Ps 139 reminds me of how intimately the Lord knows me and despite being familiar with all my imperfections, Rom 8:39 tells me that nothing ‘will be able to separate us from the love of God’. These two truths allow me the freedom to realise my own shortcomings, because if God knows them and still loves me, then I can afford to acknowledge them myself and allow myself to be transfigured.
In taking the time to regularly reflect on my behaviour, my inner thoughts and my underlying attitudes, I come to see the real ‘me’: the good, the bad and the ugly. I’m not overwhelmed with guilt when I see and accept the ‘bad and the ugly’ in myself, but am able to appreciate exactly whom I am, grateful for having taken what I deserve for those areas in my life where I fall short. Because Jesus died for me, I can lay that area of sin before him, receiving his forgiveness and walk on with the ‘clean slate’, having been transfigured. Being mindful of my own shortcomings also enables me to better cut some slack for others, when they fall short.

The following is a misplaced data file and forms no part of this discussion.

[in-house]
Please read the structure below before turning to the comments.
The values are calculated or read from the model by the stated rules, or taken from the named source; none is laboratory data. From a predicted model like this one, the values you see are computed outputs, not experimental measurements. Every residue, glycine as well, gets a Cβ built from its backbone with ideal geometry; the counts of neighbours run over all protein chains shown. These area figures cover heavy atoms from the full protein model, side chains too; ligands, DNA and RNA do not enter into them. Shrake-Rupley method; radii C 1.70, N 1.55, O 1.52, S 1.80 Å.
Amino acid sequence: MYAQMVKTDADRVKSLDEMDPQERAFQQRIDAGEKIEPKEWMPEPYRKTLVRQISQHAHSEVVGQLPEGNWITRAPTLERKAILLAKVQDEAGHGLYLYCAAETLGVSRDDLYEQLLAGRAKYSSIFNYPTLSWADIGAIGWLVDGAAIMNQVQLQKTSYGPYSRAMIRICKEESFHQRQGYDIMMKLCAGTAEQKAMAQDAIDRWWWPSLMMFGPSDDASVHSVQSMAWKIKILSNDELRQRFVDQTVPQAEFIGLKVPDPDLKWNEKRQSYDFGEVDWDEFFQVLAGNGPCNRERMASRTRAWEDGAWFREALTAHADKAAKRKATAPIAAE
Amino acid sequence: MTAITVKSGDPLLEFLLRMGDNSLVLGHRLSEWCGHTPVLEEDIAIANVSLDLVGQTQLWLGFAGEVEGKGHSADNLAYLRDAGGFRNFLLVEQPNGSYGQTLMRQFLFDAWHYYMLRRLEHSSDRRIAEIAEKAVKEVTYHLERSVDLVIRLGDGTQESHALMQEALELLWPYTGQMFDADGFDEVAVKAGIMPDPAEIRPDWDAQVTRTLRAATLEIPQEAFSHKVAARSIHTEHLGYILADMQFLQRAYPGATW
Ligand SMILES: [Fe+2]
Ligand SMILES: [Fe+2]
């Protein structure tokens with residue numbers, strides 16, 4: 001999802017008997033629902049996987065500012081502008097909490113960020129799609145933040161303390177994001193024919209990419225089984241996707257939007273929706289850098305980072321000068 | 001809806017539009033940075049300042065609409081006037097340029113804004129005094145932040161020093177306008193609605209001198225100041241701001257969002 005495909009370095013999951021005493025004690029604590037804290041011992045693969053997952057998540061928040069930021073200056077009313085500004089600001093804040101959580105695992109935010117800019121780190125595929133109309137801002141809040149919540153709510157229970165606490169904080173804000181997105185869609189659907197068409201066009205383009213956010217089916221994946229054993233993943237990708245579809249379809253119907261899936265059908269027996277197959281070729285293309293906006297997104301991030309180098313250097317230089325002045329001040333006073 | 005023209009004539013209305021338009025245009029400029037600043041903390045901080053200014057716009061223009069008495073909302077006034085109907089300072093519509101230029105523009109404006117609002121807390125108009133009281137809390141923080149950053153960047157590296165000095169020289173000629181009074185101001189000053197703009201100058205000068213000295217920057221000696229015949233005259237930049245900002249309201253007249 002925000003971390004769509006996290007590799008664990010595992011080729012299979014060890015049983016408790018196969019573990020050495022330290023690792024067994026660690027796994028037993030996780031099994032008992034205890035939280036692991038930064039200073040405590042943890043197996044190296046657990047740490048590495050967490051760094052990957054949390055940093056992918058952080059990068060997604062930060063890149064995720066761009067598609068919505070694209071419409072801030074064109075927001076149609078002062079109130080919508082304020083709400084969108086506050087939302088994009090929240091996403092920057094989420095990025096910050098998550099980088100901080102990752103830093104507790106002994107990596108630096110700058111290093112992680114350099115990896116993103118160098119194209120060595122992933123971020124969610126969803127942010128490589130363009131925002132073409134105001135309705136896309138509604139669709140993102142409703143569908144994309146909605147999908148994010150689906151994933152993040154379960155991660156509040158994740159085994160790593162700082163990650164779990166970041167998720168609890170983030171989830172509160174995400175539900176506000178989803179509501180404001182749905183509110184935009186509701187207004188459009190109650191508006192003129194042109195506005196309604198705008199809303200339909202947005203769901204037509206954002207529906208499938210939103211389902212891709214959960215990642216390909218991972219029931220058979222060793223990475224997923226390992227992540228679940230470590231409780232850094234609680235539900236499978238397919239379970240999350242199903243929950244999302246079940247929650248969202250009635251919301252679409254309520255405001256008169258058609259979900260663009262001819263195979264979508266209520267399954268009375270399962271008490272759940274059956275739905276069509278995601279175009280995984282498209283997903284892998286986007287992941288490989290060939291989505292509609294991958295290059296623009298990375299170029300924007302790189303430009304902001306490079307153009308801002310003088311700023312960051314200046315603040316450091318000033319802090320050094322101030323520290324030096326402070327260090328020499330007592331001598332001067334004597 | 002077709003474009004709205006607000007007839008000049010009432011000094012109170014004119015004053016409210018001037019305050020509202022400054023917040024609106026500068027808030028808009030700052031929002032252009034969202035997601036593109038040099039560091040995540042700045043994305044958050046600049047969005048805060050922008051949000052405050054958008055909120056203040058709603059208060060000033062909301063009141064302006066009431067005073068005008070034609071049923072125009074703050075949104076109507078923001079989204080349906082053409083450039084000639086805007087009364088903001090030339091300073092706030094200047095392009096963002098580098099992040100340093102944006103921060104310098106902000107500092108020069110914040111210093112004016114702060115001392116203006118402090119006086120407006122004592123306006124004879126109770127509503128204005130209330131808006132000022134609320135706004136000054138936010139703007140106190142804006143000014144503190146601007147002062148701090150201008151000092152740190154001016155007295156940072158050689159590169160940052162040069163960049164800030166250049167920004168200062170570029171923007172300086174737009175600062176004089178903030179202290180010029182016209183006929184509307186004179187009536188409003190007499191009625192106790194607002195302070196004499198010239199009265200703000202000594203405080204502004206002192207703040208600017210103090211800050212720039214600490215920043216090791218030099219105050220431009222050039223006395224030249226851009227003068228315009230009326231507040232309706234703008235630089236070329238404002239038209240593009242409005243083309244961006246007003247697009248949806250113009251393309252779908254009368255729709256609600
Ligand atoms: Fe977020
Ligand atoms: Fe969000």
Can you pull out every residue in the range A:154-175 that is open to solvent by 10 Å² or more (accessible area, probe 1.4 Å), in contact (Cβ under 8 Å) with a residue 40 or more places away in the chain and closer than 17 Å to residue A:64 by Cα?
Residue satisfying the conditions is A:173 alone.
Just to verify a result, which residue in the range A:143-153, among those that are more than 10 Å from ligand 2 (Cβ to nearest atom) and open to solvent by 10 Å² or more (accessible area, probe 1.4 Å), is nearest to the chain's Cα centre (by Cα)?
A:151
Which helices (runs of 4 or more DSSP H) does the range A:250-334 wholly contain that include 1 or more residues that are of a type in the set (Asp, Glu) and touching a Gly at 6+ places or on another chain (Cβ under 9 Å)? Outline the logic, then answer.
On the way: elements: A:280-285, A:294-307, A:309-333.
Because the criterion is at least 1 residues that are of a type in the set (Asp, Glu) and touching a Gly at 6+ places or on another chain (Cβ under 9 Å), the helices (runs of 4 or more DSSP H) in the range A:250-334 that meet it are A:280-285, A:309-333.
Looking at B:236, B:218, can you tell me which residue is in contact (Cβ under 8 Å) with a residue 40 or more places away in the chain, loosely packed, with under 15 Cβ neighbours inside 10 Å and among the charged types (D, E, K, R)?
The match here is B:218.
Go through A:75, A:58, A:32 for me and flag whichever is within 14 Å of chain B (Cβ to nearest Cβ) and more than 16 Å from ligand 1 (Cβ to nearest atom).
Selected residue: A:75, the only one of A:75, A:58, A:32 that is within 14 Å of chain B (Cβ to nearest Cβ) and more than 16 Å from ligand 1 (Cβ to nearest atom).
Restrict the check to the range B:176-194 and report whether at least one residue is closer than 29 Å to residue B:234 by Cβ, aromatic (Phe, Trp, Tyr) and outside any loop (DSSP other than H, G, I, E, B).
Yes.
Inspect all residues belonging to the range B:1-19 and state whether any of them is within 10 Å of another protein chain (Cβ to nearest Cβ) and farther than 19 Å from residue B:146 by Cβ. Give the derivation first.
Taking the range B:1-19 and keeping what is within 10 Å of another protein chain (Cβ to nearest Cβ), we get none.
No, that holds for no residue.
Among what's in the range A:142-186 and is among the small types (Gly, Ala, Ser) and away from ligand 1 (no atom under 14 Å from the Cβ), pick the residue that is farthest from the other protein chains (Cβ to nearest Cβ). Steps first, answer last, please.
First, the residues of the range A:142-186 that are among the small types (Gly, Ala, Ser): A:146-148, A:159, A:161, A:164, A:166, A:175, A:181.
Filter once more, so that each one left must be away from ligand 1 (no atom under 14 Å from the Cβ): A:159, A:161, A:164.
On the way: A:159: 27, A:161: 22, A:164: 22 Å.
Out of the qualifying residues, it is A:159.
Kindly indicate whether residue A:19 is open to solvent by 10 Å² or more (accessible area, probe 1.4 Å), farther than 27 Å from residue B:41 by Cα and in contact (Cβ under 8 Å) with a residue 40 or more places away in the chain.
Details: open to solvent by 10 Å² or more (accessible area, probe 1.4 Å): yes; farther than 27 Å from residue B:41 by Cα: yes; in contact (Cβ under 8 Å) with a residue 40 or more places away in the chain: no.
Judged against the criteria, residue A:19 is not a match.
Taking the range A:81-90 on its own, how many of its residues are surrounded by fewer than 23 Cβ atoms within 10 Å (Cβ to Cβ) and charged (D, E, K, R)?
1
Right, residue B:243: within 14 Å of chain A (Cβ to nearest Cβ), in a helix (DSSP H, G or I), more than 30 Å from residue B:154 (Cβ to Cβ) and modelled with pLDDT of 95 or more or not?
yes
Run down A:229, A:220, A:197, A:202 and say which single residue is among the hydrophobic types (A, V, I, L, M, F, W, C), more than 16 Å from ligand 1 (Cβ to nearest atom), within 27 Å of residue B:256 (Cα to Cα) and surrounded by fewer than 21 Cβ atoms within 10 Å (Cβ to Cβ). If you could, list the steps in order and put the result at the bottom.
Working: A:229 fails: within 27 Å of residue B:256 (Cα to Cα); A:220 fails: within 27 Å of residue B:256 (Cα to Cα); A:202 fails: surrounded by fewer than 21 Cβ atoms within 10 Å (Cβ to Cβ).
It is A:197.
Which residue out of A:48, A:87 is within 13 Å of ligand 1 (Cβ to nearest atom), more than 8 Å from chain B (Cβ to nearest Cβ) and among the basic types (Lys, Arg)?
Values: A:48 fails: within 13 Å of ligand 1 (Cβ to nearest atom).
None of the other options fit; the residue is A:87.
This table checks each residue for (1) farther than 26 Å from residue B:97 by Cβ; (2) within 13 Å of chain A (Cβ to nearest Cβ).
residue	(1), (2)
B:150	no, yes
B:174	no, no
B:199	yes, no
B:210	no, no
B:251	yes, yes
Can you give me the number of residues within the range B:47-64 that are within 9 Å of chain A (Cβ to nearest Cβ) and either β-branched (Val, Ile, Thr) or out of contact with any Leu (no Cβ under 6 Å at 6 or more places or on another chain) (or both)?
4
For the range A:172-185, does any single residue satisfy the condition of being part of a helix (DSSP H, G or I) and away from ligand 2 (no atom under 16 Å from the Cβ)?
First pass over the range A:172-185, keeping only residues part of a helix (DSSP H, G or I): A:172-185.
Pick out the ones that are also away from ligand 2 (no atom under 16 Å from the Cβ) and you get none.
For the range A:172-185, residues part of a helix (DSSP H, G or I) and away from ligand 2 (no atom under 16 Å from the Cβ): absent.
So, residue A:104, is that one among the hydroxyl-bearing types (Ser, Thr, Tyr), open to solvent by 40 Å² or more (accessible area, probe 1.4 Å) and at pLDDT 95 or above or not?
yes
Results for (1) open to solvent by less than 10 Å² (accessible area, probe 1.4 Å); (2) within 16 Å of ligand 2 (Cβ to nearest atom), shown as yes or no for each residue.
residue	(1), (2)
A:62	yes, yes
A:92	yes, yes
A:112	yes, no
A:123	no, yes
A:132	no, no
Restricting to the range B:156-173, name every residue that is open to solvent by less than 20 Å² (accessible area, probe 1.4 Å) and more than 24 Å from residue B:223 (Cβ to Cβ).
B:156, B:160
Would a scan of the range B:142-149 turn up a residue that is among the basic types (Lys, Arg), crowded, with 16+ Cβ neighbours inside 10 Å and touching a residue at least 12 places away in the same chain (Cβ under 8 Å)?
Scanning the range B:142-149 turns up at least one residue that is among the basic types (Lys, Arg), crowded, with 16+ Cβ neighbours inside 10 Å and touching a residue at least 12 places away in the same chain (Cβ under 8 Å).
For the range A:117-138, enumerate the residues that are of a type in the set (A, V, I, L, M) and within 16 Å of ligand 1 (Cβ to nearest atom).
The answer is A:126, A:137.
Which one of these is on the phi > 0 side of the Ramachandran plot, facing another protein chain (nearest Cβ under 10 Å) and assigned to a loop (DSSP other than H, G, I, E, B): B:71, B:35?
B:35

So why confess to a Priest and not simply ask God for forgiveness in my own prayer time? For me the answer is not simply because the Church encourages me to do so, but confessing to someone else brings that area of sin into the light, out from where it can hide or plague me. It also helps me to accept at a deeper level, that I am a sinner, it helps me not to pretend I am someone I’m not, all the time knowing that Jesus loves me despite those areas of weakness. All this, in addition to the fact that I know and believe in the grace that is present in that Sacrament, which has the power to help me to overcome that weakness when I can’t do it in my own strength.
The Sacrament of Reconciliation, or Confession, as some of us know it, is a hidden jewel in our Catholic Treasury that I believe is worth utilising.
Parish Pastoral Worker